I'm a person who doesn't need much energy (maybe even 1500 calories is too much), this means that every calorie I consume is very precious.I've noticed that it's incredibly difficult to meet 100% of RDI without consuming too many calories (2000+).Every article I read about nutrient X rich foods, I find something weird like "this food is very rich in that nutrient" (but it actually contains only 3-15% of RDI per 100g), am I supposed to eat a kilogram of certain food just to get enough of 1 nutrient?For example, most articles on the internet say how broccoli are rich in calcium but 100g meets only 3-5% of RDI (why is there so much misinformation regarding nutrition?).When all of this is considered, does one even need to meet 100% of RDI every day?
I think non-fat plain yogurt has 45% of the RDA for calcium, or you could get 100% from three glasses of milk. I have found magnesium to be a challenge so I supplement magnesium. https://ods.od.nih.gov/factsheets/Magnesium-HealthProfessional/
If you start the day with a fortified American breakfast cereal, you can pick up a lot of vitamins and some minerals in the morning depending on the brand, and the calcium in the milk; though in my opinion some of the cereals are a little too rich in iron (100%), which depending on what else you eat that day that has iron one can end up with a potentially excessive iron load over time (for men and postmenopausal women). https://ods.od.nih.gov/factsheets/Iron-Consumer/
Choline can be a bit of a challenge, three eggs will give you around 440mg (147 to 115 per egg). The adequate intake for men is 550mg in the U.S. There is no RDA for choline yet, just a recommendation for an adequate intake. I tend to forget about choline and I have to remind myself to think about it, but choline is one of those nutrients that I recommend people talk to their doctor before they take a supplement (see potential issue with TMAO). Cleveland Heart Lab. http://www.clevelandheartlab.com/blog-category/tmao/
I'm sure I don't get the required nutrients every single day, but at least I try to give it some serious attention, and then I don't worry about it excessively.
P.S. I think people can benefit from researching vitamin D and A on their own. Some people pick up Vitamin D well from the sun, and some don't. . I think there is a role for preformed "real" vitamin A in the diet (occasional calf liver, etc.). As far as preformed vitamin A supplements, it is wise to discuss it with a doctor before supplementing. https://ods.od.nih.gov/factsheets/VitaminD-Consumer/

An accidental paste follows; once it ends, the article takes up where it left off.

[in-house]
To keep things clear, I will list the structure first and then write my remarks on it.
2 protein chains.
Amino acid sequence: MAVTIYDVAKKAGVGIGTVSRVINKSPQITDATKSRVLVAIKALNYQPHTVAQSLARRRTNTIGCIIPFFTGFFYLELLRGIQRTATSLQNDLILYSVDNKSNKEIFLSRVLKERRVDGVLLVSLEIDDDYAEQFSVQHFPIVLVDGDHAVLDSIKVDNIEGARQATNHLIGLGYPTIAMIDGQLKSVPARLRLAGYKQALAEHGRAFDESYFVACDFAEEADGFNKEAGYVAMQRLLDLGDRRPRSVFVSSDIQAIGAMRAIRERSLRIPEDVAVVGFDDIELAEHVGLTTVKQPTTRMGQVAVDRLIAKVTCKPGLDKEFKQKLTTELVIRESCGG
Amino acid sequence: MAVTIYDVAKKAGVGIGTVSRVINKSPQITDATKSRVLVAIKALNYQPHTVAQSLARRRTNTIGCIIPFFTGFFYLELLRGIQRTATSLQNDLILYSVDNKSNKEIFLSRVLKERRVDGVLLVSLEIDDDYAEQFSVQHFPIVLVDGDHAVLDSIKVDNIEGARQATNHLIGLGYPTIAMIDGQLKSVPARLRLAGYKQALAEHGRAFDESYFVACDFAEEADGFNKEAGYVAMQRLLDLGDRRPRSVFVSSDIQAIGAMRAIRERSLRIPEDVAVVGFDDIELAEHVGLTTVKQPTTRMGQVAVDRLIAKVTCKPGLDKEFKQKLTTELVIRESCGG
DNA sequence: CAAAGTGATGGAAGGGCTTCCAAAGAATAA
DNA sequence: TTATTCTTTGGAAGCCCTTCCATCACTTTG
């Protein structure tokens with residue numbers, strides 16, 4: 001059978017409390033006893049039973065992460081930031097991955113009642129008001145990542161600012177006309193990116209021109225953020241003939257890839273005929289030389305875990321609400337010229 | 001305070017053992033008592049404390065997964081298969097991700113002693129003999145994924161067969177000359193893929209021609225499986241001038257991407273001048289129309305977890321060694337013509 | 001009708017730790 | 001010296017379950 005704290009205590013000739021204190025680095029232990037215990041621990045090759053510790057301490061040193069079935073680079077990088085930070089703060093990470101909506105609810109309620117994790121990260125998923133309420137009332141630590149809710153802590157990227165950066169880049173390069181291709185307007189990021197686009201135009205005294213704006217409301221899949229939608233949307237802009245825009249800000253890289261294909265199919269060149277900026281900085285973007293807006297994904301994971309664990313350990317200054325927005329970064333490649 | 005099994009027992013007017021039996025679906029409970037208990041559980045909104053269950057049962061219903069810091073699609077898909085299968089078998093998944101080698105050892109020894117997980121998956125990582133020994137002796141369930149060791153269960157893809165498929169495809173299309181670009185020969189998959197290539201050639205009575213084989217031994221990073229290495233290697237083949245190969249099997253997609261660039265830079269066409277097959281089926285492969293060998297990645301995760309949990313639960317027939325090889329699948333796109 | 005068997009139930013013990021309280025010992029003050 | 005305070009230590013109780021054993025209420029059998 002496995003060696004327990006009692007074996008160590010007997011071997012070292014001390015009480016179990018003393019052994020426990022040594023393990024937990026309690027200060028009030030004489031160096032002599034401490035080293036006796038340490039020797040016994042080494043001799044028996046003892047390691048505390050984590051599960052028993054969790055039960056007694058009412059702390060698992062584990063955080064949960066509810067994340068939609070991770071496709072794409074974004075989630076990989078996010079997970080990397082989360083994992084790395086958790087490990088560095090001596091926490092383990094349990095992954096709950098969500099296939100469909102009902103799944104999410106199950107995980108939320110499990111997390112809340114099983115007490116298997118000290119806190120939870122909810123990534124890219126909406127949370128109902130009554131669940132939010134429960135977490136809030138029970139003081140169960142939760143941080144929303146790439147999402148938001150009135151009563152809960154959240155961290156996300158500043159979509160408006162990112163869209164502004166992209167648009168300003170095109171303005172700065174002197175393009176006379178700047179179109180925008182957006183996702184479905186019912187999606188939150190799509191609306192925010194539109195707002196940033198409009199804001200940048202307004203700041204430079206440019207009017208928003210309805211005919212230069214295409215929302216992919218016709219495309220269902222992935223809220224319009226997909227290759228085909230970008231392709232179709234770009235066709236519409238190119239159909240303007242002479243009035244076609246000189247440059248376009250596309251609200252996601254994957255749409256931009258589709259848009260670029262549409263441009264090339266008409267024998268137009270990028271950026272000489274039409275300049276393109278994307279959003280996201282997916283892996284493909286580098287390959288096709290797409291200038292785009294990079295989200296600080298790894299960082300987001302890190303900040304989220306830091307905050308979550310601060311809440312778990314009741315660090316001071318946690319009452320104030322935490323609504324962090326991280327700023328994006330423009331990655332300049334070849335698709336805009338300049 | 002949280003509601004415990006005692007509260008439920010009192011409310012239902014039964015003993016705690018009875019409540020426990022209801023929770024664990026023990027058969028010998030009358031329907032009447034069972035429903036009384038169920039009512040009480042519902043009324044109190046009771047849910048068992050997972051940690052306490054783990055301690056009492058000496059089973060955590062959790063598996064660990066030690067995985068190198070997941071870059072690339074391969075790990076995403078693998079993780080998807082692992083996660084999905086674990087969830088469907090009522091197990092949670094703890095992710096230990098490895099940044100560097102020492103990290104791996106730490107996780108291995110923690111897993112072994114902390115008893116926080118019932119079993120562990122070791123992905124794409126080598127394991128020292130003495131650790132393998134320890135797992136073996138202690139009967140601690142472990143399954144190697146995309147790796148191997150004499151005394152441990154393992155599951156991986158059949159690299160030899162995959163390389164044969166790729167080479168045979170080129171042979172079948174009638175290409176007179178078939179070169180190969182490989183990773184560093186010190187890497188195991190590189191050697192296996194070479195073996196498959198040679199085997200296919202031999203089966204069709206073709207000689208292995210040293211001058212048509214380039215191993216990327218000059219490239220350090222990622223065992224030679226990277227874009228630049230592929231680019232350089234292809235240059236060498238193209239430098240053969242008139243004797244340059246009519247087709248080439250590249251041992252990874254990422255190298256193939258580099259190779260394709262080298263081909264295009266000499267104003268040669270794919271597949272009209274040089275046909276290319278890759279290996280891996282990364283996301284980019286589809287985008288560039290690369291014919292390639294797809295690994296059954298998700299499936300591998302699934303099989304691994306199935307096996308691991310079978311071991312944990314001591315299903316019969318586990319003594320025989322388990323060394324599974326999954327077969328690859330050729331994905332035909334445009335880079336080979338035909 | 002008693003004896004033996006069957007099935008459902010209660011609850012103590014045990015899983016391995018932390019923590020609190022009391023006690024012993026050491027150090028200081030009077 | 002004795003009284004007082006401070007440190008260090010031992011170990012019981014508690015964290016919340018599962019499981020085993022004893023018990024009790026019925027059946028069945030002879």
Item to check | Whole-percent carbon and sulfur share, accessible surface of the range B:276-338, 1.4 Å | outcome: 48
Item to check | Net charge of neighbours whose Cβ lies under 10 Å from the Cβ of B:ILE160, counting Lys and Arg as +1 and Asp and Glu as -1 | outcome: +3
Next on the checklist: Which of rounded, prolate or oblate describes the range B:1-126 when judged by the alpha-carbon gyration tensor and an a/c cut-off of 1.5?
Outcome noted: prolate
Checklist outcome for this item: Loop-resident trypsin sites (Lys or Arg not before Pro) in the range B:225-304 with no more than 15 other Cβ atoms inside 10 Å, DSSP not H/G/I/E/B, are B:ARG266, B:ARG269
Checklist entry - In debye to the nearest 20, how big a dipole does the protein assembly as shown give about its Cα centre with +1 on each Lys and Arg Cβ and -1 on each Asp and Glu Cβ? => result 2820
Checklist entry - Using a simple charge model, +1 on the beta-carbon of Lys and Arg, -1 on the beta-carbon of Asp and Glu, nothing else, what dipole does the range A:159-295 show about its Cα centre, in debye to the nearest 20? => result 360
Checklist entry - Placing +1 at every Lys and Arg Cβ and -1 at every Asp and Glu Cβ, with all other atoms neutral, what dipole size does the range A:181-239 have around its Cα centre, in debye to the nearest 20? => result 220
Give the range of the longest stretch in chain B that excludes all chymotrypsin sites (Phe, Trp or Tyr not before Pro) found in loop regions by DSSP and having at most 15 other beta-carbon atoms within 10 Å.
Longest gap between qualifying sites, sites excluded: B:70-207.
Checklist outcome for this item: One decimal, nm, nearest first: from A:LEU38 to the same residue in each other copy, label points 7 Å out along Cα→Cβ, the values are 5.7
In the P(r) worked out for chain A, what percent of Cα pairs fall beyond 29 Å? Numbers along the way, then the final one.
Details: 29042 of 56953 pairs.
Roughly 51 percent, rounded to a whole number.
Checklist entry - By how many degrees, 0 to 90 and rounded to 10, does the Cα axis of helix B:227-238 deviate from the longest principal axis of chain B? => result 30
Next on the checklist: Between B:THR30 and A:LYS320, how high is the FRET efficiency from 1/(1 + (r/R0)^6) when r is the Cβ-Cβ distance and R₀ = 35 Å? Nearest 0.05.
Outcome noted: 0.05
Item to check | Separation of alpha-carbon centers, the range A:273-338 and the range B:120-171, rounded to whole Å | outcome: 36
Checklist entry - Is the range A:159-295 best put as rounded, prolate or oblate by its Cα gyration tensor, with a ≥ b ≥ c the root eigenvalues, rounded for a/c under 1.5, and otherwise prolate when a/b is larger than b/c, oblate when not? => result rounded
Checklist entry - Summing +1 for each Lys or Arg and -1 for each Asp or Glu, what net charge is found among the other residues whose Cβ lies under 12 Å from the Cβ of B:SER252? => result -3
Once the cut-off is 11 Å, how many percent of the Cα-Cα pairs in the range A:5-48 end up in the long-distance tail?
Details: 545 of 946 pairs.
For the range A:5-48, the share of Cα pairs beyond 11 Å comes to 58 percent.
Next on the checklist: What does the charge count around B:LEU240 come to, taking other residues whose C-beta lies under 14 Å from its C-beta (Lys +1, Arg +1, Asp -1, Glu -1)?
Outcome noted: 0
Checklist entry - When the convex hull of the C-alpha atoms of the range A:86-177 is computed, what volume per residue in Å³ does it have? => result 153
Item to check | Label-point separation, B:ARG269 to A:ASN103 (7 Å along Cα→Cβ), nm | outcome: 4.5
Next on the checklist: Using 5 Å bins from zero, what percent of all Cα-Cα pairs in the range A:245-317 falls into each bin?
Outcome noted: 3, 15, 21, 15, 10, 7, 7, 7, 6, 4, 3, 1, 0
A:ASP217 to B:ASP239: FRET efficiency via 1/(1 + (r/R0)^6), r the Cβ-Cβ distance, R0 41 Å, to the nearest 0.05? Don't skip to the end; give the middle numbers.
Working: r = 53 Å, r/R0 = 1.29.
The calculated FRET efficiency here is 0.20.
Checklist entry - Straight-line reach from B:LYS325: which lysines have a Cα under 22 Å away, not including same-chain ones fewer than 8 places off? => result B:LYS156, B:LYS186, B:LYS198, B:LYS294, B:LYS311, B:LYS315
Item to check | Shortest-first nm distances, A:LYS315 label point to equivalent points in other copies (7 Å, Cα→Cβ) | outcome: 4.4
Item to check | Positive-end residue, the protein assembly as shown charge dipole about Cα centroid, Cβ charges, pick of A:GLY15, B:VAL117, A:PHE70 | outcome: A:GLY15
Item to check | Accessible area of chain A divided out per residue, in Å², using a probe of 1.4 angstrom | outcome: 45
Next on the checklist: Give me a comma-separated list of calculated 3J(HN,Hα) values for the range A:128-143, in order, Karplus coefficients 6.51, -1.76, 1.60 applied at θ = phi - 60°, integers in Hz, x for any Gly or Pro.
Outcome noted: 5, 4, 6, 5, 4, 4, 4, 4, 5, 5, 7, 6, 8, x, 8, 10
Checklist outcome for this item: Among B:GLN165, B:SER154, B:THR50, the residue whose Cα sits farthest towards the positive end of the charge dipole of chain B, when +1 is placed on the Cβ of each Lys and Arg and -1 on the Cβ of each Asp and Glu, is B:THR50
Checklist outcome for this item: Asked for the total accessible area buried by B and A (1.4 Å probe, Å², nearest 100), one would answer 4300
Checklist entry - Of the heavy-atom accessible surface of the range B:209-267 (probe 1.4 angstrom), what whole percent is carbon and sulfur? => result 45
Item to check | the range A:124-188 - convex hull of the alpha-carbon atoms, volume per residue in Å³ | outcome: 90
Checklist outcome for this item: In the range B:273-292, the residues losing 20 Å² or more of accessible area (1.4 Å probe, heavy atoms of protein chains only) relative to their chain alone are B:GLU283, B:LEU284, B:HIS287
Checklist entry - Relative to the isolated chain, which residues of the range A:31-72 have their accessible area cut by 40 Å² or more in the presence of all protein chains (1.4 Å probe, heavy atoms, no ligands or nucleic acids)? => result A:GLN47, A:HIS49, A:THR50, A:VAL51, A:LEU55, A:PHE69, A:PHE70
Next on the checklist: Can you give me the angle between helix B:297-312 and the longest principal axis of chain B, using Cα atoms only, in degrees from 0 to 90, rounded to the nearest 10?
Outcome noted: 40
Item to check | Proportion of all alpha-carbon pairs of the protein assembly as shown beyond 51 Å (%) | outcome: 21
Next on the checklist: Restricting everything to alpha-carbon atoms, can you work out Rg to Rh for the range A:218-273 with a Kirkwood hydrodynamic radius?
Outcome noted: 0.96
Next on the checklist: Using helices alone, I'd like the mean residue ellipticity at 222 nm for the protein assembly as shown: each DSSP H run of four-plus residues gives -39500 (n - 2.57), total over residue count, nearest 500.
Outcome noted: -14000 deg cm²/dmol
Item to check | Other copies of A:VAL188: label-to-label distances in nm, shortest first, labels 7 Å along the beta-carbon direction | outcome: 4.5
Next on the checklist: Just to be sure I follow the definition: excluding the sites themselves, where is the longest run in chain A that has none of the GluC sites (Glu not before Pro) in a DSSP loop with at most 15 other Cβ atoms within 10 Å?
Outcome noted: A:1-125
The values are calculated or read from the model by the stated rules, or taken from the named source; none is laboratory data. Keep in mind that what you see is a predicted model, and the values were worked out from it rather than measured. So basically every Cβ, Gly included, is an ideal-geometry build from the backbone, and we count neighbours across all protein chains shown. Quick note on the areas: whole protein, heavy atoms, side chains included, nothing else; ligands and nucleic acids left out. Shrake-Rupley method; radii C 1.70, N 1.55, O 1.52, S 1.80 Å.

Of potential interest to diabetics, "pre-diabetics" and their physicians. Vitamin A. https://www.ncbi.nlm.nih.gov/pmc/articles/PMC4623591/
This page here contains a lot of information in one place. https://ods.od.nih.gov/Health_Information/Dietary_Reference_Intakes.aspx
It is realistic to get all the nutrients you need by consuming foods without fortification and supplements.
In general (not as a strict rule), mineral and vitamin needs increase with the calories you spend, which mainly increase with physical activity. If you spend 5,000 Calories/day, you will likely need more vitamins/minerals than if you spend 1,500.
There are different criteria for mineral/vitamin requirements:
- US: Estimated Average Requirements (EAR), which meet the needs of 50% of the individuals in each sex and age group (probably most appropriate for someone who needs ~2,000 Calories/day).
- US: Recommended Dietary Allowances (RDA), which meet the needs of nearly all (97.5%) individuals (including heavy physical workers and athletes)
- UK: Reference Nutrient Intakes, defined the same way as the US RDA
- US (by FDA) Daily Value (DV), which is similar to RDA, but with even higher recommendations.
When people discuss about mineral/vitamin requirements, they usually refer to the US RDA values, but they are several reasons to believe those amounts are significantly higher than what an average adult needs, for example:
- For potassium, they were not sure, so they did not call it RDA, but Adequate Intake (AI): previously it was 4.7 g/day and recently they lowered it to 3.4 g/day.
- For calcium, in the US, the RDA is 1,000 mg/day, while in the UK, the RNI is 700 mg/day.
- For vitamin C, the RDA is 75 mg/day, EAR is 65 mg/day and NRI is 40 mg/day.
- For folate, the RDA is 400 µg/day, EAR is 320 µg/day and NRI is 200 µg/day.
Nutrient requirements refer to what you need every day in average, so if you get more one day you need less the next day.